Back in July, we told you that BMW would be bringing a pair of new diesel engines to the US market in the near future, and thanks to the folks at VWVortex.com, we might just have a clearer view of exactly how those new oil-burning mills might fit into the automaker's lineup.

One intrepid forum member obtained a photo of a slide being shown during a BMW North America meeting, listing specific models set to receive diesel engines in the coming years. If true, it appears that the 3 Series sedan and sport wagon will both be offered with diesel power in the first and second half of 2013, respectively. Also on deck for next year is a 5 Series diesel, reportedly slated to launch in the third quarter, as well as an X5 diesel that will arrive in Q4 2013. Looking ahead to 2014, the slide shows that both the 7 Series and X3 will be offered with diesel engines. Both of those models will come in the first half of 2014.

BMW currently offers the X5 with a 3.0-liter diesel inline-six in the xDrive35d model, and before the F30 3 Series arrived earlier this year, the automaker offered this same engine in its well-liked 335d sedan.

The two engines BMW will be bringing to our shores are a new 2.0-liter turbocharged diesel four and 3.0-liter turbo-diesel six. Our best guess is that the 3 Series, 5 Series and X3 will receive the smaller mill, estimated to produce roughly 255 horsepower and an unknown amount of torque. The 7 Series and X5 will likely rely on the larger 3.0-liter six for torque-tastic grunt. Expect eight-speed automatic transmissions to be on hand across the board, as well.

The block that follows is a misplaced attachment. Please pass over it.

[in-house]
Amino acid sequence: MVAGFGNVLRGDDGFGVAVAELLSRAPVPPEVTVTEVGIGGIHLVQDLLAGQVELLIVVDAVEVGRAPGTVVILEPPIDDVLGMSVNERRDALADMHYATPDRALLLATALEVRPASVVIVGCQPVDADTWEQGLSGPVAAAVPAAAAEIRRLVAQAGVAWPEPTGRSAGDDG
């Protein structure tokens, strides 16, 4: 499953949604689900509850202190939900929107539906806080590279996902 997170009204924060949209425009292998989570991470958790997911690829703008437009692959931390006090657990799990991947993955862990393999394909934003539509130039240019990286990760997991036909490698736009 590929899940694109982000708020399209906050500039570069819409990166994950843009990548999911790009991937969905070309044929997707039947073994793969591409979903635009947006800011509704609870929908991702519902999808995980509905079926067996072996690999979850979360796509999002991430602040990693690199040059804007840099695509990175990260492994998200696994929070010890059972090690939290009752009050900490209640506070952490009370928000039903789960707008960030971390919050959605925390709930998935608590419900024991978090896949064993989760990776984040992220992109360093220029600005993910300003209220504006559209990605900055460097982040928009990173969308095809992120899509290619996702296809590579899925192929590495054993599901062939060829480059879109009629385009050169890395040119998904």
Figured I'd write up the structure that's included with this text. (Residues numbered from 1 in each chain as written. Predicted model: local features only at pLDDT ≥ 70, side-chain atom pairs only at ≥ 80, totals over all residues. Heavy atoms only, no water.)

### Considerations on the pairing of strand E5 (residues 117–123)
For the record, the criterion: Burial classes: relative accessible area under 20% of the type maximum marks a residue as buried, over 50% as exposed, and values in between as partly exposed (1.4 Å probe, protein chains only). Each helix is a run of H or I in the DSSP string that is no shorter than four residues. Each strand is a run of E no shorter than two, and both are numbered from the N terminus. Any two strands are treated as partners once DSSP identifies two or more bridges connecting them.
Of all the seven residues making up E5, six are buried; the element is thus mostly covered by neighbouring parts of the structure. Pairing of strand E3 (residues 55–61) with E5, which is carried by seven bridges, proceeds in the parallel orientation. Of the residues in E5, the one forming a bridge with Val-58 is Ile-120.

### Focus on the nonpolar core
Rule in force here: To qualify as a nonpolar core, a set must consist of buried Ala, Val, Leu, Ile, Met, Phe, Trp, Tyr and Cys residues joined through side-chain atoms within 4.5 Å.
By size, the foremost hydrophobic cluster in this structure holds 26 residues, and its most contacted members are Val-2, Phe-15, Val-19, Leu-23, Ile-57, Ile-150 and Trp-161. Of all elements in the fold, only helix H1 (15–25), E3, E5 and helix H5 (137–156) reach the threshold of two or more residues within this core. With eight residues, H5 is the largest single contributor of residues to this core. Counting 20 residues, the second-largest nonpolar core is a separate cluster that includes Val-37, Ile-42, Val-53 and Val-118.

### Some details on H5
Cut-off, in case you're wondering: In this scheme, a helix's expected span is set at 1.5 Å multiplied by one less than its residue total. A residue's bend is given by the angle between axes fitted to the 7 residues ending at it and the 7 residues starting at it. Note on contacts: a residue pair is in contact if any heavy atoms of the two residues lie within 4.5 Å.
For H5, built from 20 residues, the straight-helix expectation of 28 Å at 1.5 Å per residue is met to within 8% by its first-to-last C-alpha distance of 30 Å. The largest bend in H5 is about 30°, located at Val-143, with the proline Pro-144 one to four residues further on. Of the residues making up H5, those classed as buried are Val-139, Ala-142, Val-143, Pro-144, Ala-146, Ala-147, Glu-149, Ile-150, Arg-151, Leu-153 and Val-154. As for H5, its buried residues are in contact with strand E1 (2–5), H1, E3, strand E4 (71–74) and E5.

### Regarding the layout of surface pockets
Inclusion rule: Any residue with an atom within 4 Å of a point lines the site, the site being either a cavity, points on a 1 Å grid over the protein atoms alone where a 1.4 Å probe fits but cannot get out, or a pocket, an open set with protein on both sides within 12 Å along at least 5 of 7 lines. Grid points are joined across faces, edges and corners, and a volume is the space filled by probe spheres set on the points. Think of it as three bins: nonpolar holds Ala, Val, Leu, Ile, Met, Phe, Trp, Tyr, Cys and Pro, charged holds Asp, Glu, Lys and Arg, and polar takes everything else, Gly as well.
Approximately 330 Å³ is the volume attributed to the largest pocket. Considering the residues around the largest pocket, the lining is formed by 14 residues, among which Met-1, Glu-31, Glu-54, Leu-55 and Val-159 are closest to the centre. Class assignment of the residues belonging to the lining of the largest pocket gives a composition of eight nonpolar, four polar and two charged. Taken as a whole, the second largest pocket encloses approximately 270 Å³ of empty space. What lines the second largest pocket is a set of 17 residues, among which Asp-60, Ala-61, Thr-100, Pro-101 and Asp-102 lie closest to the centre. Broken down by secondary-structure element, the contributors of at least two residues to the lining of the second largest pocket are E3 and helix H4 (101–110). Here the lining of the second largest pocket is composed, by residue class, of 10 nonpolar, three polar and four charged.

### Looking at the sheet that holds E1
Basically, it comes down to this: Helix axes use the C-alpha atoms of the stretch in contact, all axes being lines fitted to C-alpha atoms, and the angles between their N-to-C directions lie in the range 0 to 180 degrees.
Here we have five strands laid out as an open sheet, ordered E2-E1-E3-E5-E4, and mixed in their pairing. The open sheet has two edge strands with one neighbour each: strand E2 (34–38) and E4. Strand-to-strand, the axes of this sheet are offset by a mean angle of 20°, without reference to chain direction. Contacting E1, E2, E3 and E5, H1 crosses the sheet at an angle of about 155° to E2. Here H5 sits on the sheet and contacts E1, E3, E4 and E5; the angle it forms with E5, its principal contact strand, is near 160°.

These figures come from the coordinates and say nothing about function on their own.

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    • 1 Second Ago
  • 59 Comments
      KingTito
      • 2 Years Ago
      Sign me up for the wagon. Need to have one or the other or both - AWD, manual transmission. I
      Mike
      • 2 Years Ago
      Hopefully the price premium for the diesel won't be too much higher than the gas versions.
        • 2 Years Ago
        @Mike
        [blocked]
      guyverfanboy
      • 2 Years Ago
      Great news! Now if BMW would cut weight on their vehicles...
        MacProMan
        • 2 Years Ago
        @guyverfanboy
        they are heavily investing in carbon fiber to reduce weight of future products, this is not new news
      CarCrazy24
      • 2 Years Ago
      Awesome news! That 3 Series diesel wagon sounds just about perfect. If they add AWD to it I'm sold.
        • 2 Years Ago
        @CarCrazy24
        [blocked]
      gaiusbaltarpetronius
      • 2 Years Ago
      I love my 335d!
      raktmn
      • 2 Years Ago
      Bring the 123d coupe!
        Kwijiboz
        • 2 Years Ago
        @raktmn